Mr J is a 67 year-old man with a history of multiple sclerosis complicated by paraplegia, bilateral upper and lower extremity contractures, and multiple pressure ulcers. He had required multiple hospitalizations for his wounds, and I met him after an extended hospitalization necessitating debridement when he was transferred to a skilled nursing facility for ongoing wound care. Given the extent of his wounds, he was started on electrical stimulation therapy. I had never heard of this type of treatment, so I wondered, in patients with pressure ulcers, is electrical stimulation therapy more effective than standard wound care?
Electrical stimulation therapy is the application of a current across a wound. The theoretical mechanism of this therapy is to replicate the “current of injury” that occurs normally when there is a break in the skin. This current of injury has been shown in various models to promote angiogenesis, fibroblast migration promoting granulation, and keratinocyte migration promoting epithelialization.
I searched the terms “electrical stimulation treatment pressure ulcers” on PubMed Clinical Queries looking for a meta-analysis. I found an article that pooled data from 15 different studies, including both randomized control trials and observational studies, for a sample of 909 electrical stimulation patients and 371 controls. The main outcome was mean percent wound healing, which was coded or calculated independently by 2 authors.
The results showed that patients who received electrical stimulation to their pressure ulcers had a mean percent wound healing of 13.5 more than the controls, which translates to 144% increase in wound healing. This effect was the same when analyzing just the randomized control trials, suggesting that the effect is not driven by a placebo effect.
In summary, it seems that electrical stimulation can improve wound healing compared to standard wound care. Although statistically significant, it is hard to know if this outcome is clinically significant, as the potentially more important outcome is complete closure of the wound. Further, the analysis included studies that employed different electrical stimulation modalities, which raises the question about what is the best way to deliver electrical stimulation therapy. For example, what is the optimal positioning of the electrodes relative to the wound? What is the optimal current (direct or alternating) setting? How long should the electrical current be applied and at what frequency?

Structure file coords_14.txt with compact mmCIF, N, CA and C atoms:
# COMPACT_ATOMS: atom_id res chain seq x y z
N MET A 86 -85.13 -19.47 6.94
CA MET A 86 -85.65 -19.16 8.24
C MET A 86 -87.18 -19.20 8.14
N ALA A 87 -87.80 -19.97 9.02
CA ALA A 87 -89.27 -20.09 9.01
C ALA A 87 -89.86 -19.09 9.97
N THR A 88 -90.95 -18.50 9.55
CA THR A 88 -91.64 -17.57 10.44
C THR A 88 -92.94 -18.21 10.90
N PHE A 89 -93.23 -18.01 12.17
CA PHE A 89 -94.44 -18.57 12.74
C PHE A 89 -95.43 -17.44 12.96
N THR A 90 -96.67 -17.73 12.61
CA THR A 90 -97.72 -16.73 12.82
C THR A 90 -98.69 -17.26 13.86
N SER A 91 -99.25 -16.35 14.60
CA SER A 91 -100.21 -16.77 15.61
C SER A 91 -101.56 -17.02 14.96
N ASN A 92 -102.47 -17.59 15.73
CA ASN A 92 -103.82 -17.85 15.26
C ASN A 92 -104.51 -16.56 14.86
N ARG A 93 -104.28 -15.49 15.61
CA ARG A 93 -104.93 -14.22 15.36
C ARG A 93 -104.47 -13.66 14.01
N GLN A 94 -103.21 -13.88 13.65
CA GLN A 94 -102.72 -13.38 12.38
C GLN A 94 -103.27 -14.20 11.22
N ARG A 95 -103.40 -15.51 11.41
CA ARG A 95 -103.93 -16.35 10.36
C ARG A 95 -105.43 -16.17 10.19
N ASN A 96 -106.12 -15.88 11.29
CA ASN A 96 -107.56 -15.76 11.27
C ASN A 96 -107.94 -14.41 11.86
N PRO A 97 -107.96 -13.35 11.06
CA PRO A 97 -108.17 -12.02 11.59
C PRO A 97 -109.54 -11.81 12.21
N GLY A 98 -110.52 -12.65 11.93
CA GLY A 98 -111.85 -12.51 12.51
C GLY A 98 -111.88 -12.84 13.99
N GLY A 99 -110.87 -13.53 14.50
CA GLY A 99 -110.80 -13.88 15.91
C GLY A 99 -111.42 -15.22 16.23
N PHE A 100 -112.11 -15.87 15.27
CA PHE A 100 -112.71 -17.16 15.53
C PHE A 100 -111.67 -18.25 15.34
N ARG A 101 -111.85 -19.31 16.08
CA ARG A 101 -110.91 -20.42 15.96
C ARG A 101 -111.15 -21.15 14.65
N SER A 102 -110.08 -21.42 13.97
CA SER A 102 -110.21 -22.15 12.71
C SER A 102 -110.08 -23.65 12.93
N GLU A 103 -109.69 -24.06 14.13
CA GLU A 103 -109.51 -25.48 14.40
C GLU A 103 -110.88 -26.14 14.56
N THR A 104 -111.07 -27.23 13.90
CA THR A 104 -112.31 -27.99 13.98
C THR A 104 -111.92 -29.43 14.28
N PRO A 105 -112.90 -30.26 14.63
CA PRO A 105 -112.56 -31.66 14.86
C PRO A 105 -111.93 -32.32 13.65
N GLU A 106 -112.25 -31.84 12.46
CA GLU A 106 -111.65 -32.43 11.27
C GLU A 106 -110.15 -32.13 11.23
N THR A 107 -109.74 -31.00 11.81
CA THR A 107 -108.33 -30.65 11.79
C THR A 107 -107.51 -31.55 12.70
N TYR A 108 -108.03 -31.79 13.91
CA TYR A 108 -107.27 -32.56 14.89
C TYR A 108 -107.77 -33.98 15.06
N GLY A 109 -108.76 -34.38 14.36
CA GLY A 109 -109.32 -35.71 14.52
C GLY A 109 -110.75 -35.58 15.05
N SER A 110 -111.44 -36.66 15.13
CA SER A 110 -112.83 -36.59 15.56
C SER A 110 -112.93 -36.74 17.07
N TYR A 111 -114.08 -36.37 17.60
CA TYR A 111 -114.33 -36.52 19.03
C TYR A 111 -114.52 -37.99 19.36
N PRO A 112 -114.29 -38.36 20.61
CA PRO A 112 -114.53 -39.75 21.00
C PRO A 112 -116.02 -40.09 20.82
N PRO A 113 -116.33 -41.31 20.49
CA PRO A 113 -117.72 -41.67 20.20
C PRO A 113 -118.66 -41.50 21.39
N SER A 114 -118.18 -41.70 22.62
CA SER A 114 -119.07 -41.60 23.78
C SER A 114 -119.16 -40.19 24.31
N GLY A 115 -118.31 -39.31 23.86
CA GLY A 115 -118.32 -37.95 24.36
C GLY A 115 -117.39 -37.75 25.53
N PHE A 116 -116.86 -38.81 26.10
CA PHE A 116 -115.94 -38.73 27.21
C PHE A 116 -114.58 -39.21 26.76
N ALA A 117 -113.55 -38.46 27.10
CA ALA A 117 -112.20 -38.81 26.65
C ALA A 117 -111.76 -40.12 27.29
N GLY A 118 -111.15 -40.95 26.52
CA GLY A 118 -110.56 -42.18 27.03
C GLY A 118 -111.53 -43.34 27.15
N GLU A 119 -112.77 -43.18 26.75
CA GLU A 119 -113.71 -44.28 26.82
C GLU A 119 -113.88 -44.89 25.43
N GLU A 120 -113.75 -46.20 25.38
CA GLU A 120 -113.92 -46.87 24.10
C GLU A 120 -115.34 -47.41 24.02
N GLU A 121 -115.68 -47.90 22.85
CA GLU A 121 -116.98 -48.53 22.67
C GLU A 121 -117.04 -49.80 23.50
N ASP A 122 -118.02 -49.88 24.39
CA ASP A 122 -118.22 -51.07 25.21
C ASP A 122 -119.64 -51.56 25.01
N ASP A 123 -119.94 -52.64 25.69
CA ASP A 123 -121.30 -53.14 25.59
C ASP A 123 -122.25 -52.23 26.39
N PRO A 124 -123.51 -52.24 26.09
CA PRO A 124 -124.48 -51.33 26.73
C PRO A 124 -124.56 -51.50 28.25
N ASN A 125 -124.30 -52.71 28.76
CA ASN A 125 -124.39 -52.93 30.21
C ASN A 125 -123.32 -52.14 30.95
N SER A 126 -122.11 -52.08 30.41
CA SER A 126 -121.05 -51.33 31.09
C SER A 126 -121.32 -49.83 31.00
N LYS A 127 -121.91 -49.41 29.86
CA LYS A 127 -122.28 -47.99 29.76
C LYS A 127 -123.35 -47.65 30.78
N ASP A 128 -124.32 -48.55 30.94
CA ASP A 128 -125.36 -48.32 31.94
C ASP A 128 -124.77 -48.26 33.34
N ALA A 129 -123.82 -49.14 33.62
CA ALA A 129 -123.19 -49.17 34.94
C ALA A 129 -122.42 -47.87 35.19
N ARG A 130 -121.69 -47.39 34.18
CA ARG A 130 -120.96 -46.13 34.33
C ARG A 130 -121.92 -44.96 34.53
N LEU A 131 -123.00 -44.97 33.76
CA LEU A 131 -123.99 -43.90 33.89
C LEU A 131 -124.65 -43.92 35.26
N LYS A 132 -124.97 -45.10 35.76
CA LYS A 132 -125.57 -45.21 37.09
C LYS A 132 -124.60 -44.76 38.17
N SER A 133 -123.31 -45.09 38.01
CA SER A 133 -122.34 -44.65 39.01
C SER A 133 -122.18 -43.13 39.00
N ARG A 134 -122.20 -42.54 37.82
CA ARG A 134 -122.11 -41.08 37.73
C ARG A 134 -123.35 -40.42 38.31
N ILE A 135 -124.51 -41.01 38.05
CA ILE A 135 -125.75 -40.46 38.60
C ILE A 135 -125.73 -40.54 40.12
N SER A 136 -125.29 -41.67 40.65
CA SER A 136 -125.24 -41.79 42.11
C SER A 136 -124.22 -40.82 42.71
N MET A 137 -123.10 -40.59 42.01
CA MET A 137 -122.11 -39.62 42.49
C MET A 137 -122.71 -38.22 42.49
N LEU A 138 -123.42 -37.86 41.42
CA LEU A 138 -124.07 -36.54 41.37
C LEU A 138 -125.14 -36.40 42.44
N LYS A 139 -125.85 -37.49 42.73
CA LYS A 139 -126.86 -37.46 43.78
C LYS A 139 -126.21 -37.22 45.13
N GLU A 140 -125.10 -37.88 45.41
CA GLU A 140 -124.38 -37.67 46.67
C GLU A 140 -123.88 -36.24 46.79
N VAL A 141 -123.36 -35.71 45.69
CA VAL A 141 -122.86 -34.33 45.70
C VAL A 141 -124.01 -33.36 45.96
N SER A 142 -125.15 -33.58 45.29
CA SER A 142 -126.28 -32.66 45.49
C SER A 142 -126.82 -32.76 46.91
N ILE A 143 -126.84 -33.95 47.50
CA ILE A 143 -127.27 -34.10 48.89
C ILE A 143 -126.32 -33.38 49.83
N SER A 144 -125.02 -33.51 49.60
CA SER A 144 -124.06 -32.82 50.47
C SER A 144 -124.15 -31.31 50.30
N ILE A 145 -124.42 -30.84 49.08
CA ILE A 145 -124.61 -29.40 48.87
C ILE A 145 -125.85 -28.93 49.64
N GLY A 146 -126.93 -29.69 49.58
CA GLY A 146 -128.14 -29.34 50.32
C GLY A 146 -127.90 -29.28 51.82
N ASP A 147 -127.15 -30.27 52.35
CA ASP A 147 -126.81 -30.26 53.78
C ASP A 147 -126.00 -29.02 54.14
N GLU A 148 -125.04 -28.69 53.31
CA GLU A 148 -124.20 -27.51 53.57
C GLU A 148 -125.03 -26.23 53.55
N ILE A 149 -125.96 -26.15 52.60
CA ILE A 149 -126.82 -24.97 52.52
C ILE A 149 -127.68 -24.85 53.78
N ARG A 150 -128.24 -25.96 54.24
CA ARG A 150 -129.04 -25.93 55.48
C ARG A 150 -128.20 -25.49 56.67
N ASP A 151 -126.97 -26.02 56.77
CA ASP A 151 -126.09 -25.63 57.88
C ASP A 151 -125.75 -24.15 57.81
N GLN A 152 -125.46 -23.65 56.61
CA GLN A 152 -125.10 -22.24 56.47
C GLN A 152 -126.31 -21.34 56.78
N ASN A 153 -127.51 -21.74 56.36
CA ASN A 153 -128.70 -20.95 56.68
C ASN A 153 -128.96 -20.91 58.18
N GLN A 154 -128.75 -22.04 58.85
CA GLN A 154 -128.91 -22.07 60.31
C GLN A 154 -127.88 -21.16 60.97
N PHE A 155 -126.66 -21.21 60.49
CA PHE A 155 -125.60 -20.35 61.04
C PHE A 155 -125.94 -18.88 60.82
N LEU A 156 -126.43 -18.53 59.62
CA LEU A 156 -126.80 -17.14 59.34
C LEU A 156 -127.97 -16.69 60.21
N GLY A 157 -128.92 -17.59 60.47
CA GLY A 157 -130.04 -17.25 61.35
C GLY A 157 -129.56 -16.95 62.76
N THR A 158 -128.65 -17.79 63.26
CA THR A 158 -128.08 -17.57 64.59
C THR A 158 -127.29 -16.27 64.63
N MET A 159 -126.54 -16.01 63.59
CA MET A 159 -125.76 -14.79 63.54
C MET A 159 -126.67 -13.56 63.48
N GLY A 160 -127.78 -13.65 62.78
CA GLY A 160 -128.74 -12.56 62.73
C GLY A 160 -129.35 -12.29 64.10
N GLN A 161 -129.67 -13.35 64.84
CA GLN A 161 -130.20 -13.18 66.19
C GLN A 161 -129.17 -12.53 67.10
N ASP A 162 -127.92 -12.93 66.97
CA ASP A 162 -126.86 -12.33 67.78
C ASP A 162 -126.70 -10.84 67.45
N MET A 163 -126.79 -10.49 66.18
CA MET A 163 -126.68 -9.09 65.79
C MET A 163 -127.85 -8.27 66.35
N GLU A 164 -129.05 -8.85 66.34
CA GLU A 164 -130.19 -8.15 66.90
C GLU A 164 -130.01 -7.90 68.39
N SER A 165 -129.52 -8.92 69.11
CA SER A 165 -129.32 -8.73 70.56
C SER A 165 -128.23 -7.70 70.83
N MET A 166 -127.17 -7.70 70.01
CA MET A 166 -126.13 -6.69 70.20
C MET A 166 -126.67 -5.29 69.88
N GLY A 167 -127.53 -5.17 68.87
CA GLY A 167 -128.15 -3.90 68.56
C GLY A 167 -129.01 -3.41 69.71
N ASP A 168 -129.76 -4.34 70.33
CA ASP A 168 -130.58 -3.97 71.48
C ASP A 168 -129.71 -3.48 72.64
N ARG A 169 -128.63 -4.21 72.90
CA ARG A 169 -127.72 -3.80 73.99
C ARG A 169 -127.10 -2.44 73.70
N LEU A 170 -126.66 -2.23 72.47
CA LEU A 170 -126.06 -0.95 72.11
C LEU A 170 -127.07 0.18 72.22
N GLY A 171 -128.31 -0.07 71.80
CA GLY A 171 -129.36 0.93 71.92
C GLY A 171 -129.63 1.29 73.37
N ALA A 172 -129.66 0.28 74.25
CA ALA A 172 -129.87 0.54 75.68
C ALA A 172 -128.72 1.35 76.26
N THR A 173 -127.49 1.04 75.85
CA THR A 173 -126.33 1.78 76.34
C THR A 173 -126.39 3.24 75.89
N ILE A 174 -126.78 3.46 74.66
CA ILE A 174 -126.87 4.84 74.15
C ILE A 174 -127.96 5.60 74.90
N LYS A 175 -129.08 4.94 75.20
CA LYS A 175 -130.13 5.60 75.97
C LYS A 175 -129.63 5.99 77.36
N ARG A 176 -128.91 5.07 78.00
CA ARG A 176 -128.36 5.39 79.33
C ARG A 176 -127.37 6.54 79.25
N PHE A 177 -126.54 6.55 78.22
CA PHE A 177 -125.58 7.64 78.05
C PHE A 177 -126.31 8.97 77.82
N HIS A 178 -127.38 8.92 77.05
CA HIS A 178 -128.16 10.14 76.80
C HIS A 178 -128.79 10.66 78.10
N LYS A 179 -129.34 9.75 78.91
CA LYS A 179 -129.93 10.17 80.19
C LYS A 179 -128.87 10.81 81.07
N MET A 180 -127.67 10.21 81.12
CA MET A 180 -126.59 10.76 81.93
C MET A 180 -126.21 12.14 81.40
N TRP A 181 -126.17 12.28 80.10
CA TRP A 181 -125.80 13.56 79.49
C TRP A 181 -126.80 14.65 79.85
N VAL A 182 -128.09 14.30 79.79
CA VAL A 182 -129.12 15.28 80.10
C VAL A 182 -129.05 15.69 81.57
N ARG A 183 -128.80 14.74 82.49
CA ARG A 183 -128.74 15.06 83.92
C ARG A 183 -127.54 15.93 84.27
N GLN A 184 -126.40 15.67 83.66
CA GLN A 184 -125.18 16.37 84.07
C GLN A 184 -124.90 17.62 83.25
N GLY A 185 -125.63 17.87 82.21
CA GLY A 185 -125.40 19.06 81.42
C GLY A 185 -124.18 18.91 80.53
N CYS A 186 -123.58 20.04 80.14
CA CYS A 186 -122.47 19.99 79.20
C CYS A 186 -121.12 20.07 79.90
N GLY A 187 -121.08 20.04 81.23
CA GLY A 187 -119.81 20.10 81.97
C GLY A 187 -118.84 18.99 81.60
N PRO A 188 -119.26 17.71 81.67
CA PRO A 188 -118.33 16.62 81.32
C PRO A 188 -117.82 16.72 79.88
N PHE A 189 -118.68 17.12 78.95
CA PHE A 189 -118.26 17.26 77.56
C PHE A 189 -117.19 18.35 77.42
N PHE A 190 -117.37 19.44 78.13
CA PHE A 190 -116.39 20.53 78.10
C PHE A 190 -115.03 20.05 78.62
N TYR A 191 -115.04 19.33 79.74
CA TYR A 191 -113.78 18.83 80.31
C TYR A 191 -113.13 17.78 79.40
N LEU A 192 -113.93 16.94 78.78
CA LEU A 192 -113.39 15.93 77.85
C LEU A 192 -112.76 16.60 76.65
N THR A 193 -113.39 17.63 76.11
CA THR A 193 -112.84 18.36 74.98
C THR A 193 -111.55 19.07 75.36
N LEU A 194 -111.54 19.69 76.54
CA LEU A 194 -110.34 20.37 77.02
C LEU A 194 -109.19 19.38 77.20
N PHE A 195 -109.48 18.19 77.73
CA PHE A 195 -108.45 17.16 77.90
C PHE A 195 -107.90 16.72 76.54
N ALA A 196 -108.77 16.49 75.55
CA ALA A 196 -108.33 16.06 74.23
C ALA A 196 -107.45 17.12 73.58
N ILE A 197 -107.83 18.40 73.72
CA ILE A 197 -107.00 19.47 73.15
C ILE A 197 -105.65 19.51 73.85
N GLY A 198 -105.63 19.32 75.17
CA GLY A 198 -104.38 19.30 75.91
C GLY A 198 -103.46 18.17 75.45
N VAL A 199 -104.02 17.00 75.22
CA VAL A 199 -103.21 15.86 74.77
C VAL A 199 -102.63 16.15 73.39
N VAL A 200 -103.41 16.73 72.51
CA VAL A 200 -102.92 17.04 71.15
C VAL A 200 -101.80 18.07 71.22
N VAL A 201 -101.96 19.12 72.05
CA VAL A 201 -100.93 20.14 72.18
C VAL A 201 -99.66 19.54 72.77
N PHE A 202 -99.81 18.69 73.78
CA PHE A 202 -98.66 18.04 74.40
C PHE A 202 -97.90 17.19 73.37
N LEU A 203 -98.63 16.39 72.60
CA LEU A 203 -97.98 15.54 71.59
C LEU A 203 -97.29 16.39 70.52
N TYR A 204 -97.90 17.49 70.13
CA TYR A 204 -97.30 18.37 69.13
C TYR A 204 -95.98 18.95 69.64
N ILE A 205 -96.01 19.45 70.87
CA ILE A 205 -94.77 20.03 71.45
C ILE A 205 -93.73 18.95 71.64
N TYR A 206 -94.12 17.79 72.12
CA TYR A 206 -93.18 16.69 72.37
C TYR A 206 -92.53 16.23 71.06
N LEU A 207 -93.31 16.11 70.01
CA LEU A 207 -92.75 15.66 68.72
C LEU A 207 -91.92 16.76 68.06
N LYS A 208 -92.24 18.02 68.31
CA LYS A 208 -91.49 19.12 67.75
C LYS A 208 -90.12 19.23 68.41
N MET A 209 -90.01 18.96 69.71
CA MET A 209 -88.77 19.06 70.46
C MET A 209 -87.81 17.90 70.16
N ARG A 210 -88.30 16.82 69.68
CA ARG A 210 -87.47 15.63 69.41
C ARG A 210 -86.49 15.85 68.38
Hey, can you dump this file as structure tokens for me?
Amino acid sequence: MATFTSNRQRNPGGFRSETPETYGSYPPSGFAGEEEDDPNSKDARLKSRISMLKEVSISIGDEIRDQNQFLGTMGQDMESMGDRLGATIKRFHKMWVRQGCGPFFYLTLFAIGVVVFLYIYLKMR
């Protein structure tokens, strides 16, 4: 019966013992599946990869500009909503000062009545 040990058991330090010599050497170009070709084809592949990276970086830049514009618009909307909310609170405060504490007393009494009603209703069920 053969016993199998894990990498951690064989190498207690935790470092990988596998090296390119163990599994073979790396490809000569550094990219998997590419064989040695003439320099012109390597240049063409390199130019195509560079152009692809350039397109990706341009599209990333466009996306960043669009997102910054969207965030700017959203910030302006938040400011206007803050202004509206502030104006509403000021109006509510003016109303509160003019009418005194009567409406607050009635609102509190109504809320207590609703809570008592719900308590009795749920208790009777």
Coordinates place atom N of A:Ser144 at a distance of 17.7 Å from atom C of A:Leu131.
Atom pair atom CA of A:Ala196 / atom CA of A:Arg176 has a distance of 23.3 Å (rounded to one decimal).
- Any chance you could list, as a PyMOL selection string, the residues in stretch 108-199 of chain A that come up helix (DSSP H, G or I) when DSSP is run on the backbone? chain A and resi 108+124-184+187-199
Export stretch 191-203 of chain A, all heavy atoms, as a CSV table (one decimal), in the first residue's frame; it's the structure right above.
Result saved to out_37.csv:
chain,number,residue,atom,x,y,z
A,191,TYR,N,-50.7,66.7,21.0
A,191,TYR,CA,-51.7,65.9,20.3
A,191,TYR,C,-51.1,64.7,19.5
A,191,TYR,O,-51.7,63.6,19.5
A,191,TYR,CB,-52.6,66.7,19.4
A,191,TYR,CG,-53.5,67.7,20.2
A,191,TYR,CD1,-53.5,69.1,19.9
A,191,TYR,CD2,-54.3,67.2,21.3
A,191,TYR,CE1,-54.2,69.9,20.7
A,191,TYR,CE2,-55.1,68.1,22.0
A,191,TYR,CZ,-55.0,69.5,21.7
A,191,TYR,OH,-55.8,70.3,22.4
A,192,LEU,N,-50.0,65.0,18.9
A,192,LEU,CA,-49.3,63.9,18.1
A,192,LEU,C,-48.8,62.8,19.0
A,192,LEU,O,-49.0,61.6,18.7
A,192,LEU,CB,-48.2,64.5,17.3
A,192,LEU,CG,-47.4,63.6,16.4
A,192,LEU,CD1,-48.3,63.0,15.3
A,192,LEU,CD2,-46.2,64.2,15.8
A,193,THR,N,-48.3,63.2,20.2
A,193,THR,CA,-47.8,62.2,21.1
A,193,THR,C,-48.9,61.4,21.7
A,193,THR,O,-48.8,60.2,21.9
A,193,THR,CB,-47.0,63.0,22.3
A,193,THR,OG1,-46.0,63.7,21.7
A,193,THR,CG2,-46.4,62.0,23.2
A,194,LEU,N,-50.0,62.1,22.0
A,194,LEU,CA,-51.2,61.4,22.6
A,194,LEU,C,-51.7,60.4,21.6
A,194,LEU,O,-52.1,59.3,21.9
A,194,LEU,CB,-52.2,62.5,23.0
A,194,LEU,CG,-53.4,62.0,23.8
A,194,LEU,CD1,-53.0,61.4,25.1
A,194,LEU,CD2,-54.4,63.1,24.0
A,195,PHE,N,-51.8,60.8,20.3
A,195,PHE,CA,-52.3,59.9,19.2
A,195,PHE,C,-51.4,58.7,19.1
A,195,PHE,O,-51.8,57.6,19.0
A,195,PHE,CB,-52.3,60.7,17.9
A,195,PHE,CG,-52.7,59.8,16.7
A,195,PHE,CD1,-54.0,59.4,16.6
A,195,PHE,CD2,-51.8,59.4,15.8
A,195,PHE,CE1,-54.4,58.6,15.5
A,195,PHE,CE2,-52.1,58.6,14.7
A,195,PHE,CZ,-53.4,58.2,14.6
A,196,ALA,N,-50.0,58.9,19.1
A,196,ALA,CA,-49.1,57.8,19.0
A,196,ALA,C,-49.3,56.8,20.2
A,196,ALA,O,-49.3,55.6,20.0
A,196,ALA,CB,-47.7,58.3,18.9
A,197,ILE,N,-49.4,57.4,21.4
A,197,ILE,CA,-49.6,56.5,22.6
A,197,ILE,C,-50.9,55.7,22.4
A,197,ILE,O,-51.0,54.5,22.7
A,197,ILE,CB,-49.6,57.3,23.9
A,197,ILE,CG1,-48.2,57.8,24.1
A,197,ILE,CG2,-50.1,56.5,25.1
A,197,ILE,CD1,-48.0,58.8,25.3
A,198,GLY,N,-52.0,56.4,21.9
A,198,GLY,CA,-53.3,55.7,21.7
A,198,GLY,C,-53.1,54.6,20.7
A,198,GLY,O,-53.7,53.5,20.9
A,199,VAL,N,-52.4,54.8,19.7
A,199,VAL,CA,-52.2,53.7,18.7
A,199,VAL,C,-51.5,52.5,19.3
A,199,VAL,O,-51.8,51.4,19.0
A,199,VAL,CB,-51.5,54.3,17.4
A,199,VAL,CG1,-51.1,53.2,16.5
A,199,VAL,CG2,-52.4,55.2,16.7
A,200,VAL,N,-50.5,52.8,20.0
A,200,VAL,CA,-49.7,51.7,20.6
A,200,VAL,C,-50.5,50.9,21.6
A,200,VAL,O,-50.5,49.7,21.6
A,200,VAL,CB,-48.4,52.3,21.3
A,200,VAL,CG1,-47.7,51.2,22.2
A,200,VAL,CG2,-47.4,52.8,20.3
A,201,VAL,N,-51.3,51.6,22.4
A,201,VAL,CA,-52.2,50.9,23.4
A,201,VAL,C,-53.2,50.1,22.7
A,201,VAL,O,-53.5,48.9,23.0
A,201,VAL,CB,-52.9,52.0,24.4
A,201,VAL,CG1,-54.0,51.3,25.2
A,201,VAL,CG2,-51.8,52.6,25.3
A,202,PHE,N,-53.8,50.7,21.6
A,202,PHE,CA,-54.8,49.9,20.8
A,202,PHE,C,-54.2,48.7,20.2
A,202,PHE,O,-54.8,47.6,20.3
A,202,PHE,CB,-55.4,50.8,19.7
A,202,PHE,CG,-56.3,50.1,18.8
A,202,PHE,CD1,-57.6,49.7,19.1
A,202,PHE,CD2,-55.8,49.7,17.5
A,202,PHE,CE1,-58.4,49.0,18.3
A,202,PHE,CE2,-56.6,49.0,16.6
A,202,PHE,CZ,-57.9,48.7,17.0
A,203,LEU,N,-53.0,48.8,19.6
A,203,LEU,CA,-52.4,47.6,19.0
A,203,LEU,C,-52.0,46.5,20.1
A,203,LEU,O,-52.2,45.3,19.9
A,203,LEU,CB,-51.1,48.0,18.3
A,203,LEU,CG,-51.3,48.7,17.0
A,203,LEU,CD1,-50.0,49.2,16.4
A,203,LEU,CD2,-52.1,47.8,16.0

Back to the Patient: Mr J received several treatments with electrical stimulation with some improvement in his wounds. However, one wound did not heal and was found to be infected necessitating further surgical debridement so he was readmitted to the hospital.
Take Home Points:
Electrical stimulation can improve wound healing for patients with pressure ulcers.
There are still more questions to be answered about the best way to deliver electrical stimulation therapy to be most effective.
Reference: Gardner, S. E., Frantz, R. A., & Schmidt, F. L. Effect of electrical stimulation on chronic wound healing: A meta-analysis. Wound Repair Regen. 1999 Nov-Dec;7(6):495-503.
Picture Courtersy: las - initially
Picture Courtersy: las - initially
by: Natalie Young, MD, MS, Geriatrics and Palliative Medicine fellow at Icahn School of Medicine at Mount Sinai, New York.
This post is part of the #GeriCases series, in which we discuss a clinical case in geriatrics and palliative medicine and the attempt to provide patient-centered care with the use of best available evidence.
Ravishankar Ramaswamy, MD
Section Editor, #GeriCases